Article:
If everything goes as planned, this week will be the busiest for initial public offerings since 2000.
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Good earnings, Calvin Klein expansion and short interest could spur a rally.
By Todd Salamone, Schaeffer's Investment Research
In early December, G-III Apparel Group (GIII) reported quarterly earnings of $2.16 per share as year-over-year revenues rose 13.3%.
The company plans to more than double its number of outlets over next 20 years. Baskin Robbins expands in Asia.
By Suzanne McGee, The Fiscal Times
Coffee addicts and policemen in quest of a donut fix in the Northeast are familiar with Dunkin' Donuts because that's where most of the chain's 7,000 U.S. outlets are.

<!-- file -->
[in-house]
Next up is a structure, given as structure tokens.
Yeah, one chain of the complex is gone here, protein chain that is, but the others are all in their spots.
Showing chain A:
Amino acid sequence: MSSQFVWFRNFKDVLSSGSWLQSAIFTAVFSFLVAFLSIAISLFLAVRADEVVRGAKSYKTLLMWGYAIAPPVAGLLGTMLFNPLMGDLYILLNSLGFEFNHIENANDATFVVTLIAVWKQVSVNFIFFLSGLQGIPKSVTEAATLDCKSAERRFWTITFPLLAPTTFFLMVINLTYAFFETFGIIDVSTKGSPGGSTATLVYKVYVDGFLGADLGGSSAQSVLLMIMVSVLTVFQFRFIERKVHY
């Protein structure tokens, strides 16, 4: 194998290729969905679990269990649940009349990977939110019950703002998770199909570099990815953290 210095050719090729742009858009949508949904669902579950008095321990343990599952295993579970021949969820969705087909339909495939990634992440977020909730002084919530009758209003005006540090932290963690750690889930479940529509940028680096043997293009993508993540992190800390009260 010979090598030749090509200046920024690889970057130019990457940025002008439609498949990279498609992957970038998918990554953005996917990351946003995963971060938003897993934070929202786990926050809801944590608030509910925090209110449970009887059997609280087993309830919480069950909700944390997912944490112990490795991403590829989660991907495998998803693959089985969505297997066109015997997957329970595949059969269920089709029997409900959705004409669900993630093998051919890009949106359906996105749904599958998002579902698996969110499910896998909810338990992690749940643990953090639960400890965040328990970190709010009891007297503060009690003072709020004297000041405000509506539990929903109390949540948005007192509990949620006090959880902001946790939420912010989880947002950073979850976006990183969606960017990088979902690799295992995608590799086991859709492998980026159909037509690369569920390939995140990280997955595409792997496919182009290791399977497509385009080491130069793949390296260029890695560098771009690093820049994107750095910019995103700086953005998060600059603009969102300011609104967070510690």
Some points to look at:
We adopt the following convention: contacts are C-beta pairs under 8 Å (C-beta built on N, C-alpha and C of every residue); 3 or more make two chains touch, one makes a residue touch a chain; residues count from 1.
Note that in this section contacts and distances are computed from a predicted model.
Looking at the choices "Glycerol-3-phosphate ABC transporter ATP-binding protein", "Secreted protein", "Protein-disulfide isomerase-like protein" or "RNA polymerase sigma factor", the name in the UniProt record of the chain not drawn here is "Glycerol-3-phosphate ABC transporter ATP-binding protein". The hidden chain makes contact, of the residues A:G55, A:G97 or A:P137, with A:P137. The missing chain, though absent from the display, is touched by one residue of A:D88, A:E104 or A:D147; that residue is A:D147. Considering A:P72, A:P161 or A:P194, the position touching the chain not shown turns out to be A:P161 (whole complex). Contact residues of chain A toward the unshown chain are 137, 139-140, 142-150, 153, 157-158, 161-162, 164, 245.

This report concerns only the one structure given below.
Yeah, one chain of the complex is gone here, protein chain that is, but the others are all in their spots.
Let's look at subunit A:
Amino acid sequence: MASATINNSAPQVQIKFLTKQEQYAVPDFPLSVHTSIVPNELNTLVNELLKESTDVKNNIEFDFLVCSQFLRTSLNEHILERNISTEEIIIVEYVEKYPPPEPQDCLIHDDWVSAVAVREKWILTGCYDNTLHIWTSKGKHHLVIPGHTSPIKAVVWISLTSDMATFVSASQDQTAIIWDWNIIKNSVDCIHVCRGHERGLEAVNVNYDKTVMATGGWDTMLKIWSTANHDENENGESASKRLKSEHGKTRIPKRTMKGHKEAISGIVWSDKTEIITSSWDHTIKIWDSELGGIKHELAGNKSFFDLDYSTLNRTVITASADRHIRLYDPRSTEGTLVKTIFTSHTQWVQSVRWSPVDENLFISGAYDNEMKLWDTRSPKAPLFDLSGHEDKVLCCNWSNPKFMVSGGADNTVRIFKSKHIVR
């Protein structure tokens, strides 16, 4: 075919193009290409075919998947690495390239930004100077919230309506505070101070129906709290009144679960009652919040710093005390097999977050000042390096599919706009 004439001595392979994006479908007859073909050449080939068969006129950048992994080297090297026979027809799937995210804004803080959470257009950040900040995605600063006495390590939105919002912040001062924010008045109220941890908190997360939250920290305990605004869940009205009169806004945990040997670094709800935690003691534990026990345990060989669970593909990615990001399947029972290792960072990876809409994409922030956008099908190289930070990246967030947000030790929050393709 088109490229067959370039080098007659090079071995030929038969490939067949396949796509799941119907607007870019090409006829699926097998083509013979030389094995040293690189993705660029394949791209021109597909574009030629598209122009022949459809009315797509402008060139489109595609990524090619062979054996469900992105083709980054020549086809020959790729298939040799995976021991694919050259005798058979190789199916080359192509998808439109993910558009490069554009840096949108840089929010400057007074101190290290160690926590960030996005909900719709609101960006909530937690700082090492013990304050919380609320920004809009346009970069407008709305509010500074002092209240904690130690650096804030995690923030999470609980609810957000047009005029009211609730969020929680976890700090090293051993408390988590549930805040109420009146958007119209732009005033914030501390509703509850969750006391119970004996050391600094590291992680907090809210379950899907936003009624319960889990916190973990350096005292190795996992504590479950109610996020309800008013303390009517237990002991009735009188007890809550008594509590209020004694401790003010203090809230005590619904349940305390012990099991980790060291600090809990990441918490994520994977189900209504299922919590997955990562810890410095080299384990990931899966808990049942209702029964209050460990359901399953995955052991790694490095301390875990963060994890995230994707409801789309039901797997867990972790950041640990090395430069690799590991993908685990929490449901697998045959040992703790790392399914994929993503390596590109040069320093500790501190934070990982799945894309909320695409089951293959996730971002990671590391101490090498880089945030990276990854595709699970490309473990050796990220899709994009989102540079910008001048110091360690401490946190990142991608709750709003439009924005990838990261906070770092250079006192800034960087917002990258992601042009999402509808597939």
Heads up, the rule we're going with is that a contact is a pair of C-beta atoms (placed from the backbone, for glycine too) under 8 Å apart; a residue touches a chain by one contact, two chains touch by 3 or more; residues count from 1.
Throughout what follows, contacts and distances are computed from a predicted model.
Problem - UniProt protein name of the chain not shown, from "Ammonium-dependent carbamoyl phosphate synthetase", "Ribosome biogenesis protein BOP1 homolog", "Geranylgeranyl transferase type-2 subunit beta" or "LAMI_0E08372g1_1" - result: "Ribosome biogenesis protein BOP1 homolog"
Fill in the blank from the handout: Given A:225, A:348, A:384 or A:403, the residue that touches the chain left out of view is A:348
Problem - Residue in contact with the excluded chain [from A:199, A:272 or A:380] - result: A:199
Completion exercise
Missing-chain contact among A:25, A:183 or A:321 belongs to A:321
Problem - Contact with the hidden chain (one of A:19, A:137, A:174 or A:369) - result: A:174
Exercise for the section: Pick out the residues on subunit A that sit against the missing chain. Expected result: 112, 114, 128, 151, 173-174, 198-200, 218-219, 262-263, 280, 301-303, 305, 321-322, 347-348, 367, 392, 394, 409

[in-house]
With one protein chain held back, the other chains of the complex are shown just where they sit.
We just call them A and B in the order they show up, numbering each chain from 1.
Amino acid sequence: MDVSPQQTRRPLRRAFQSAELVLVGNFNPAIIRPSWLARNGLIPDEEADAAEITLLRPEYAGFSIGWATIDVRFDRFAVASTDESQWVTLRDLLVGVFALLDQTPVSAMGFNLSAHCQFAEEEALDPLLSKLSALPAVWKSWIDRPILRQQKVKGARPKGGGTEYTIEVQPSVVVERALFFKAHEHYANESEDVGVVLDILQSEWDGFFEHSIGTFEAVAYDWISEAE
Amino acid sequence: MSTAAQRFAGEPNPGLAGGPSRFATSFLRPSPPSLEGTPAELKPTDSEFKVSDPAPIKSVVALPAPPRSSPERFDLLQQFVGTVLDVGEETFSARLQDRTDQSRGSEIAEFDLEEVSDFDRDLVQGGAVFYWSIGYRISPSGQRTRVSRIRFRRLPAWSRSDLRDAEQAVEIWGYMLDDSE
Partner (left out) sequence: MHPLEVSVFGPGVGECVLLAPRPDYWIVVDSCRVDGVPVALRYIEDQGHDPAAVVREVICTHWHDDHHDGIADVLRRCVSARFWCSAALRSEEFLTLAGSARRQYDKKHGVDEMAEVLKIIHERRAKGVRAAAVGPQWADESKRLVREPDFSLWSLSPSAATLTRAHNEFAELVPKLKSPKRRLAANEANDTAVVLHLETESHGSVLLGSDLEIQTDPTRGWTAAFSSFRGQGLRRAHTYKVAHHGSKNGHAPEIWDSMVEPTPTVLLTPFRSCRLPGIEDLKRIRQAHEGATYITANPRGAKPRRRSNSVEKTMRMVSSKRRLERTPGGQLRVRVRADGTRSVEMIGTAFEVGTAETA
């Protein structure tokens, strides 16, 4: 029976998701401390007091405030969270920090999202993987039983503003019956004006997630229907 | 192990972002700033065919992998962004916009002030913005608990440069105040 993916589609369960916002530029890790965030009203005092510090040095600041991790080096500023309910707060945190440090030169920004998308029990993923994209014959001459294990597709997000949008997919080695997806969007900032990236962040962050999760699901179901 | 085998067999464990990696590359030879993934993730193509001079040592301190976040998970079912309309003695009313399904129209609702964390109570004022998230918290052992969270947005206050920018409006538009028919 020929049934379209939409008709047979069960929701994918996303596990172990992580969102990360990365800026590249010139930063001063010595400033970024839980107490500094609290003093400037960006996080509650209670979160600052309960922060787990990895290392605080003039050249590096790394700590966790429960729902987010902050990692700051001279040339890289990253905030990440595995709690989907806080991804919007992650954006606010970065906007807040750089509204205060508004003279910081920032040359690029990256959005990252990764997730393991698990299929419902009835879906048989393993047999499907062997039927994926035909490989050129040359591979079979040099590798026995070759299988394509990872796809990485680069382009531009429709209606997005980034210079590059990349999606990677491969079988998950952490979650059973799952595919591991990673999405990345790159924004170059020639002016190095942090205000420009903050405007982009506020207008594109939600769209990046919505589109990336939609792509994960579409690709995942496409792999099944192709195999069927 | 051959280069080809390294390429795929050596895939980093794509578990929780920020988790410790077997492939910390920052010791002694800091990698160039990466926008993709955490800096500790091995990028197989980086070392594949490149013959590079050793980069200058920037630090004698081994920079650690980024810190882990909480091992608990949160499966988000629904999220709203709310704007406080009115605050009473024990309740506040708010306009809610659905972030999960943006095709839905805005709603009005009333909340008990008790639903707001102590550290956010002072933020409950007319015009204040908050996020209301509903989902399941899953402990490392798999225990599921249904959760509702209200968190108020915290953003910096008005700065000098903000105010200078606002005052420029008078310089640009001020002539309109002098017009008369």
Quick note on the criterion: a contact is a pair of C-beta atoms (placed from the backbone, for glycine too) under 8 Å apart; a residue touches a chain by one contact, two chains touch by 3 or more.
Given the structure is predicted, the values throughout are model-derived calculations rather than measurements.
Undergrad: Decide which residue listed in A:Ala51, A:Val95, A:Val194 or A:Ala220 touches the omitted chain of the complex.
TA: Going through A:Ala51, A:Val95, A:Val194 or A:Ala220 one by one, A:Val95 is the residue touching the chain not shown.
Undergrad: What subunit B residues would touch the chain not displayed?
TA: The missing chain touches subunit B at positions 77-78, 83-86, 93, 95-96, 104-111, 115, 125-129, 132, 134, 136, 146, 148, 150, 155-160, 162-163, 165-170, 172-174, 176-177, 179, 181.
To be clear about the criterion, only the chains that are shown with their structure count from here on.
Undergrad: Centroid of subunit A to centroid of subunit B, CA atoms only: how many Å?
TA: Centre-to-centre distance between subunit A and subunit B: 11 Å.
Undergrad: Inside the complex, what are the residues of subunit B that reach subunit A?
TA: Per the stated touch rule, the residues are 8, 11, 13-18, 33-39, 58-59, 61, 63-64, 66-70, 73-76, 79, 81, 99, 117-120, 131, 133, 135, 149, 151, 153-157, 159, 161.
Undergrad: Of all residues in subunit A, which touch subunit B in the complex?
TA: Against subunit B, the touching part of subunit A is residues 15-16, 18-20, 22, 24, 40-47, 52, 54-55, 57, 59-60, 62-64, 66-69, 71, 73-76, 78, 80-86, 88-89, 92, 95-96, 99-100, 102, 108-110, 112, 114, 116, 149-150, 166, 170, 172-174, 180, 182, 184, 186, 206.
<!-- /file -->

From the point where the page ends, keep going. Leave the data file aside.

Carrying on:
Now, six months after its IPO, parent company Dunkin’ Brands Group (DNKN) has announced plans for a vast, long-term expansion. The company will more than double its number of locations over the next two decades, taking it into regions of the country where it isn’t currently a force. That will mean going head to head with Starbucks (SBUX), of course, but that doesn’t seem to deter Dunkin’ Brands’ management team. After all, fans of its coffee and donuts in Seattle -- Starbuck's backyard -- took to Twitter on Thursday to plead with Dunkin’ Donuts to open up shop in the Emerald City. (The last outlet was shuttered a decade ago.) As one Tweeter put it, "Seattle is waiting for their Dunkin' Donuts. WHERE ARE THEY?"
Traveleres and JC Penney are upgraded to 'outperform,' while Kohl's and Nordstrom are cut to 'hold.'
Friday's noteworthy upgrades include:
- Travelers (TRV) upgraded to Outperform from Market Perform at Wells Fargo